Cap Setting and Strict Compliance Enforcement Will be Critical for Chinese Emissions Trading Scheme

This is part of our special feature on Europe-China Relations.



At the end of last year, the Chinese government approved plans for a national emissions trading scheme. While many of the details are still in the works, the biggest carbon emitter’s commitment to set up carbon markets nationwide has important implications for global climate mitigation. This policy brief draws on important lessons learned from European carbon markets, particularly for policy design, and applies it to the Chinese context. No market is perfect, but if the Chinese government gets the reduction target (= “cap”) right and takes a strong stance on compliance enforcement, this emissions trading scheme will set new standards – not least as it encourages other governments to follow China’s leadership on climate change.

The World Bank’s latest report on carbon pricing from November 2017 could not be clearer about the fact that more and more jurisdictions at national, subnational, and regional levels are putting a price on carbon.[1] By now, 42 national policies use carbon pricing in the form of either carbon taxes or emissions trading schemes, covering one seventh of global greenhouse gas emissions. This trend is likely to quickly pick up pace over the next couple of years, because more than 80 countries mention carbon pricing as an instrument to meet their national climate pledges under the Paris Agreement – essentially doubling current numbers.

These policies and laudable new carbon pricing initiatives however pale in comparison to China’s proposal to introduce a nationwide emissions trading scheme. After piloting emissions trading in seven regions (Beijing, Chongqing, Shanghai, Shenzhen, Tianjin as well as Hubei and Guangdong provinces) for a couple of years, China’s National Development and Reform Commission (NDRC) gave green light in December 2017 to roll out emissions trading across the entire nation. Many technical details are still in the making, but we know that Chinese carbon markets, in a first instance, will cover roughly 1,700 companies from the power sector.[2] As the power sector accounts for about 3.3 billion tons of carbon emissions annually, this translates to regulating a third of the country’s annual emissions of 10.3 billion. Just for comparison, the largest carbon market to date, the European Union Emissions Trading Scheme (EU ETS) covers emissions from more than 11,000 sources across several sectors, primarily power generation, heavy industry and aviation, for a total of 1.75 billion tons of covered carbon emissions in 2016.[3] Although some were disappointed over the Chinese market’s limited scope on utilities alone, the market would still be roughly twice as large as the European equivalent. The World Bank further estimates that once the Chinese market is up and running the share of global greenhouse gas emissions that come with a price tag would increase by 50 percent.[4] This means that one out of every four tons of emitted carbon will be covered either by emissions trading or a carbon tax.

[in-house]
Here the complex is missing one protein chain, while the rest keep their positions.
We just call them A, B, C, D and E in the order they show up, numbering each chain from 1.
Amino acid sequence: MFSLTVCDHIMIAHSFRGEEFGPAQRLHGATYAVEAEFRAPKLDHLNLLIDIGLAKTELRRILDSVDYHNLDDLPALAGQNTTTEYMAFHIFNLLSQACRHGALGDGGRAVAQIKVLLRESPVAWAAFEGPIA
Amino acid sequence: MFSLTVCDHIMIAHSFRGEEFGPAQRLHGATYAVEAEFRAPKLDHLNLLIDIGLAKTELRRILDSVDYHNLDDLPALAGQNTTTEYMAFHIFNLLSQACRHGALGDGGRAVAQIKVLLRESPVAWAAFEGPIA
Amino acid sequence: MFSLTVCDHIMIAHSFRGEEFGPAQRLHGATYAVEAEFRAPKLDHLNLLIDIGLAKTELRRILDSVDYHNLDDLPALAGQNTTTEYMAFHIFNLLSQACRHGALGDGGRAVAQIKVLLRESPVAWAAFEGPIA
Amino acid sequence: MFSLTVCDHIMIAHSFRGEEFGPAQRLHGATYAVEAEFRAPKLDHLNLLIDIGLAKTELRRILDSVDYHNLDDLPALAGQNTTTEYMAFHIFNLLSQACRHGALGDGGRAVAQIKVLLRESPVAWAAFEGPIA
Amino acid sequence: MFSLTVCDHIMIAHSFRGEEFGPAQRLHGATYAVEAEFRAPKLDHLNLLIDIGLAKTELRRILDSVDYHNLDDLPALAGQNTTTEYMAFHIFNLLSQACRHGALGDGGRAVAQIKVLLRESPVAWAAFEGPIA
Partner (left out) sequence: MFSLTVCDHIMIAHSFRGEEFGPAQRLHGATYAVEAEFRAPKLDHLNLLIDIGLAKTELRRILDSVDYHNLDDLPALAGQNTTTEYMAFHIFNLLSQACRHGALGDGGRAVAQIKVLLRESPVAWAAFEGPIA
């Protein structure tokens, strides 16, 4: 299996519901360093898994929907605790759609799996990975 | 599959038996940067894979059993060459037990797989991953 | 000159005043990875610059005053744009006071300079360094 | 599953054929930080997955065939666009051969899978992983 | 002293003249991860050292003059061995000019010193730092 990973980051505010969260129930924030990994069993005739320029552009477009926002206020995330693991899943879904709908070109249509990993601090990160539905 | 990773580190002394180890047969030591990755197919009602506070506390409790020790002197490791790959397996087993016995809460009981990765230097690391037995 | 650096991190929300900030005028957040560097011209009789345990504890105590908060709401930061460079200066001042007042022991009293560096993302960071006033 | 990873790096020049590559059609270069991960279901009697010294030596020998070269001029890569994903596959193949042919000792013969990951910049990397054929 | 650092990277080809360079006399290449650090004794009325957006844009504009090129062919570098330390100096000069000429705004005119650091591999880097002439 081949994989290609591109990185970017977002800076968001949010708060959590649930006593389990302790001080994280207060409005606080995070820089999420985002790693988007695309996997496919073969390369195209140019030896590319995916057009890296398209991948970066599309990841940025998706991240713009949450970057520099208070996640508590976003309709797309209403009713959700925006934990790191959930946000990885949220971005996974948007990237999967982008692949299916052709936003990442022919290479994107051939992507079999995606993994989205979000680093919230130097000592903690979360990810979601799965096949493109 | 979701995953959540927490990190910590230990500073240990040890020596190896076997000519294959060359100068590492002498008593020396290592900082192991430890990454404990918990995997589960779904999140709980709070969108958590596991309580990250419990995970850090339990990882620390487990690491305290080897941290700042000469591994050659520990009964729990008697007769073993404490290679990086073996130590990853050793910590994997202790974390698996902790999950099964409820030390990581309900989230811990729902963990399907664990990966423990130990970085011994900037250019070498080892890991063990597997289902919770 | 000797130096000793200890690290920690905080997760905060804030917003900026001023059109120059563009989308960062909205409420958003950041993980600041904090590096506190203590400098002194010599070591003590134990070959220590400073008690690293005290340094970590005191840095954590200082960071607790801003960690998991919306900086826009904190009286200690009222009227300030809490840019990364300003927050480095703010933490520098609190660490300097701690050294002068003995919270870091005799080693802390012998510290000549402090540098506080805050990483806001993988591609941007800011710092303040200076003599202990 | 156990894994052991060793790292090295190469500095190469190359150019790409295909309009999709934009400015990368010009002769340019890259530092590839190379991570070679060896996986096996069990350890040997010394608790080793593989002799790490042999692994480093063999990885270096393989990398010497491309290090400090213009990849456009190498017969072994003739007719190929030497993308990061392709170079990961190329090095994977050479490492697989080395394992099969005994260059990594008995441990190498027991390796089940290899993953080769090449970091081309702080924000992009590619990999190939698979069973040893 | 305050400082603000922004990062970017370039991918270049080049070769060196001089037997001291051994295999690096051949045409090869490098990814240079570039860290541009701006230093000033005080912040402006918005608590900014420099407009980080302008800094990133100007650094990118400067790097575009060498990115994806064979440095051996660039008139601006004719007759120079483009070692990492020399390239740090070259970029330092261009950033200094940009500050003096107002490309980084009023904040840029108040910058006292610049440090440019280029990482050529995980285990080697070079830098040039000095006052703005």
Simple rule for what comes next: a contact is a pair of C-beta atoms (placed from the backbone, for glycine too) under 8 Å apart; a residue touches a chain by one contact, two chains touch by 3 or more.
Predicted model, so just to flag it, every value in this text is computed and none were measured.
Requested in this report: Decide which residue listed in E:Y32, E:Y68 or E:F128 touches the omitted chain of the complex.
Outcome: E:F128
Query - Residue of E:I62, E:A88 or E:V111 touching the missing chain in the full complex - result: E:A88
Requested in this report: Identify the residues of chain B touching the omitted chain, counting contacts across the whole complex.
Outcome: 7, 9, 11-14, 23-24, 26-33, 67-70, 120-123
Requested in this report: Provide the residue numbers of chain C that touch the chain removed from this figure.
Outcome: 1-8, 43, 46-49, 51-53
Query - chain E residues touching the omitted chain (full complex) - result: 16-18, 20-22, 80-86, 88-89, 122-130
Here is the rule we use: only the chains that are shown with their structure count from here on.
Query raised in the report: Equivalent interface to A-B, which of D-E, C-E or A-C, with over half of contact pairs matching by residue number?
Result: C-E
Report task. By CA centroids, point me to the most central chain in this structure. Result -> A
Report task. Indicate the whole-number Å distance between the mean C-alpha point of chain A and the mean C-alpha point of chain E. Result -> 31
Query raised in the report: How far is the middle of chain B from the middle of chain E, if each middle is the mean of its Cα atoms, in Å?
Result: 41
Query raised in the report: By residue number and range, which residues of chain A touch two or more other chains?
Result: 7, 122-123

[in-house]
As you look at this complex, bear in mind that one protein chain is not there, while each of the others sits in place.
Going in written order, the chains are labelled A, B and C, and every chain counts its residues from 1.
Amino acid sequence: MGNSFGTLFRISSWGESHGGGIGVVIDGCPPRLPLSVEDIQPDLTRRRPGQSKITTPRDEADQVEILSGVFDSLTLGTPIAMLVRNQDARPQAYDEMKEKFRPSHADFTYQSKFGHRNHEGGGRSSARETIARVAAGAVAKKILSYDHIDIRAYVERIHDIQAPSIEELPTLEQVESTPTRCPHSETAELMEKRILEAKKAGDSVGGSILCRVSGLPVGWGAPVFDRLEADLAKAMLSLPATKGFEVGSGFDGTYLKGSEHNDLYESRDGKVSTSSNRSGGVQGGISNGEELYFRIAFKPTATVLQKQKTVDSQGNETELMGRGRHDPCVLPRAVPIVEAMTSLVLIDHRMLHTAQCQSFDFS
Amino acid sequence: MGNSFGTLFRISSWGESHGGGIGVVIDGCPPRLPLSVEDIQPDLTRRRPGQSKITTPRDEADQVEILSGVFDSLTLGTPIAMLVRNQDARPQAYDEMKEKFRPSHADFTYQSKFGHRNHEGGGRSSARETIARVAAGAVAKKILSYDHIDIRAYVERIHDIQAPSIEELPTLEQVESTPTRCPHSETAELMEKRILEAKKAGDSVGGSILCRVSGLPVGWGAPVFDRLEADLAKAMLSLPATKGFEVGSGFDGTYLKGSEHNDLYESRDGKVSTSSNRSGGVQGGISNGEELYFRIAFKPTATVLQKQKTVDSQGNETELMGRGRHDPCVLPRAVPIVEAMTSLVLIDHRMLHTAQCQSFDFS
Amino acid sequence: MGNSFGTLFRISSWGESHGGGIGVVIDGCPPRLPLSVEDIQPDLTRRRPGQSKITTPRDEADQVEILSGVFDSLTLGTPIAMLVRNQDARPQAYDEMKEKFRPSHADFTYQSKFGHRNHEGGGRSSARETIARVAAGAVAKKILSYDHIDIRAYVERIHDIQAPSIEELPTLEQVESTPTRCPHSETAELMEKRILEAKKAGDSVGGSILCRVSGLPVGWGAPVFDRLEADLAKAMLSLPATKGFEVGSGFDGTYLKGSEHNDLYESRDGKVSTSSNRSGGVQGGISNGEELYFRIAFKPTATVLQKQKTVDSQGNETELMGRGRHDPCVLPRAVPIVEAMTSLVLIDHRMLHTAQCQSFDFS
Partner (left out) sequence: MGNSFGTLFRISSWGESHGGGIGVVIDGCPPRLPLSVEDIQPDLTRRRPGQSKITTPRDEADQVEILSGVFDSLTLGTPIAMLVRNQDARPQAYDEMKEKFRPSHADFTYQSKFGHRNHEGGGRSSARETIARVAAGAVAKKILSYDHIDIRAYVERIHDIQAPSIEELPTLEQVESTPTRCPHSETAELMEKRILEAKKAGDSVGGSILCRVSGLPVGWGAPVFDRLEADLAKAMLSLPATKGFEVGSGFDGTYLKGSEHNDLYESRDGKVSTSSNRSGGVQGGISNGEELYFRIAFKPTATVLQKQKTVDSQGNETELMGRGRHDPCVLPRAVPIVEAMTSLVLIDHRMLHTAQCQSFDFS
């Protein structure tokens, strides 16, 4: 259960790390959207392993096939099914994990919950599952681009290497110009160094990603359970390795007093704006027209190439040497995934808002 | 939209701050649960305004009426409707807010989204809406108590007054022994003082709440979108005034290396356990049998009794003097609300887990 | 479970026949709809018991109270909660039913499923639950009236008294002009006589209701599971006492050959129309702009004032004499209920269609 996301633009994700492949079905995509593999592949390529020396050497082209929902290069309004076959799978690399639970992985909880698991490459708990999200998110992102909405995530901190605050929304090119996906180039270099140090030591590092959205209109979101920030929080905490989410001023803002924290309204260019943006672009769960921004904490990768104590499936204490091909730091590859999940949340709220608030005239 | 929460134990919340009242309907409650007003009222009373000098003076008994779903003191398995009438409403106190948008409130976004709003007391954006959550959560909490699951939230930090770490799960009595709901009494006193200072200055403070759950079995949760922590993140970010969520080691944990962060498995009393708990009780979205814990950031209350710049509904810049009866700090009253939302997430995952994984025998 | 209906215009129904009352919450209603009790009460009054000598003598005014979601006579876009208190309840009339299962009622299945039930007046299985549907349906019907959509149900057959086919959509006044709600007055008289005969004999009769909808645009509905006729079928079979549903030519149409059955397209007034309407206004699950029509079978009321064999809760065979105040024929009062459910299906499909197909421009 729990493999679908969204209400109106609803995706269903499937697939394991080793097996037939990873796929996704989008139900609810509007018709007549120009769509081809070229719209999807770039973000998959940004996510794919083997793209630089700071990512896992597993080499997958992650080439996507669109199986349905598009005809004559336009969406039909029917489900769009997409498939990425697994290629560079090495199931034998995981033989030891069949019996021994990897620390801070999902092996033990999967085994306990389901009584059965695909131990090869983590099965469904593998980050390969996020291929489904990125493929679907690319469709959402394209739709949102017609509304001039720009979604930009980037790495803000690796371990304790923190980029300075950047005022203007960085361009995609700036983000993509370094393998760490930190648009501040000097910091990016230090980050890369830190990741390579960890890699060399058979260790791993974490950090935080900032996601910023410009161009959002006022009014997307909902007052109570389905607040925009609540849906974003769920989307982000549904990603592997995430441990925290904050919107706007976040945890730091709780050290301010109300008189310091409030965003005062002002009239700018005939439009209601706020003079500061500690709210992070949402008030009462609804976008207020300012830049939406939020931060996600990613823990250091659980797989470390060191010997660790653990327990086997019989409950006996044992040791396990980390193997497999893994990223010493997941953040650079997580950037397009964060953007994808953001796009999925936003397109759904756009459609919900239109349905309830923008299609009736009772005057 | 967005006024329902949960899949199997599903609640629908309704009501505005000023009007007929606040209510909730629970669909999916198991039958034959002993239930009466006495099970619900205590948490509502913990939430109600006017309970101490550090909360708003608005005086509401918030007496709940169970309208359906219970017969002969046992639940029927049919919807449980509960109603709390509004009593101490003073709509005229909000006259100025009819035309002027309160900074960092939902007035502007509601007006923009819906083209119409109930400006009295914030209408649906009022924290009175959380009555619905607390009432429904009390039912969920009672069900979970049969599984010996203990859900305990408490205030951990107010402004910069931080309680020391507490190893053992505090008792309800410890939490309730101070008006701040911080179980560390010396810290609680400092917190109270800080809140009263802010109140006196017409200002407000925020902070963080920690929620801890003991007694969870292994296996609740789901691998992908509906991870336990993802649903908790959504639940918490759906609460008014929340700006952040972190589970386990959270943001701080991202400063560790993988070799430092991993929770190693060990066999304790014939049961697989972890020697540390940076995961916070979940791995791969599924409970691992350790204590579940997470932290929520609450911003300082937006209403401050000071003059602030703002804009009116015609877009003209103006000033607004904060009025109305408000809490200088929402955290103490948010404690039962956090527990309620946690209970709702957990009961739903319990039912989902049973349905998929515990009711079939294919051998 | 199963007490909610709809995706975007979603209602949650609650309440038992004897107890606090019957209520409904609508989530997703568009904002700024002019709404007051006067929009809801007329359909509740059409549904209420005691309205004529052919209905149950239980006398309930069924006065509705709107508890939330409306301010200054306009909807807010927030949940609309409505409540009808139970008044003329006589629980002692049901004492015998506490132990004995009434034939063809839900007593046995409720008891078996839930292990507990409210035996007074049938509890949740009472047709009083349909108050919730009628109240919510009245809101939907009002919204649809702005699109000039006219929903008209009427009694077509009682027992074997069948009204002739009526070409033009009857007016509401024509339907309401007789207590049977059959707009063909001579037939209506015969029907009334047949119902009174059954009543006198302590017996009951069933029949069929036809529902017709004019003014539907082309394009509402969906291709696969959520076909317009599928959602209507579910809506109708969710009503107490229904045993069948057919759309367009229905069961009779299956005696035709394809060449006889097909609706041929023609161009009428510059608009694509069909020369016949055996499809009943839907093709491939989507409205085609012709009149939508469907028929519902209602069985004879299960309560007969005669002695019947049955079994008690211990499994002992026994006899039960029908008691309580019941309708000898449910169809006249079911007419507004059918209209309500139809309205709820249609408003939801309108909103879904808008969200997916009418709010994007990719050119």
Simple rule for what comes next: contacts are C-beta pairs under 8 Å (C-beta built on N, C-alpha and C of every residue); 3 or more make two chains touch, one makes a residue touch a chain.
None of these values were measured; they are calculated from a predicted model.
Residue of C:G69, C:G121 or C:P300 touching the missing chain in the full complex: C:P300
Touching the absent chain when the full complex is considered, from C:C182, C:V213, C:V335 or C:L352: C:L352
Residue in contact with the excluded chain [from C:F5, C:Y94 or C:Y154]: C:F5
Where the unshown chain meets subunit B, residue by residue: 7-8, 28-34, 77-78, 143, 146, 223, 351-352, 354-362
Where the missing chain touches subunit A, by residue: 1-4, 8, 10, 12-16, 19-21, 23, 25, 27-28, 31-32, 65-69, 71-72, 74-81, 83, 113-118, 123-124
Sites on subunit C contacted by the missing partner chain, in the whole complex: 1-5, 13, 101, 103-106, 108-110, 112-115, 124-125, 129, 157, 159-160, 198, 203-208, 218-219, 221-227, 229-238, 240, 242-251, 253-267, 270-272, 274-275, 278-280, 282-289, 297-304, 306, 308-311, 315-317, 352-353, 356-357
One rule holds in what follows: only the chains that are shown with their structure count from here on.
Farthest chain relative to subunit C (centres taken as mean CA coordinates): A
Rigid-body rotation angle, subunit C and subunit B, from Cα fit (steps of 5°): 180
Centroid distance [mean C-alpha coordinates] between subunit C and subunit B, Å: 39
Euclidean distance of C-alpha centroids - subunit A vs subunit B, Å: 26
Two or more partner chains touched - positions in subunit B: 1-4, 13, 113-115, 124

How Does Emissions Trading Work?

Emissions trading is not a new idea.[5] However, for regulating carbon emissions, it gained widespread prominence in the form of the Kyoto Protocol’s flexible mechanisms.[6] [7] It is an appealing policy as, at least on paper, what needs to be done is straightforward. In its “cap-and-trade” version, we can distinguish four phases for analytical clarity: First, a policymaker sets an upper limit on how many carbon emissions are allowed during a given time period. This limit is called the “cap”, which determines the scarcity in the market and hence the carbon price; higher, more generous caps translate into lower prices, and lower, more ambitious caps translate into higher prices. Second, carbon allowances, which transfer the pollution right to regulated firms, are handed out; these allowances can be distributed for free (“grandfathering”) or can be sold through auctions. Whatever the allocation mechanism, the number of allowances has to equal the emission threshold set by the cap. Next, regulated firms can trade allowances on the market. Finally, after a certain review period, each regulated firm must hold a sufficient number of allowances to cover its carbon emissions. Otherwise, they face penalty payments.

Emissions trading is appealing for two reasons. First, carbon reductions take place where they can be obtained at the lowest cost. Firms whose marginal cost of reducing carbon is lower than the market price will sell excess allowances to those facing high abatement costs, making emissions trading a cost-effective policy. This is what economists refer to as static efficiency.[8] Second, emissions trading is also said to be dynamically efficient if the underlying legislation ensures long-term political support. Whenever firms face regulatory certainty for years to come, pricing carbon triggers investment in abatement technology to reduce carbon dependence in business operations. Decreasing the cap in a predictable way over time to signal political commitment to carbon regulation strengthens this incentive.[9]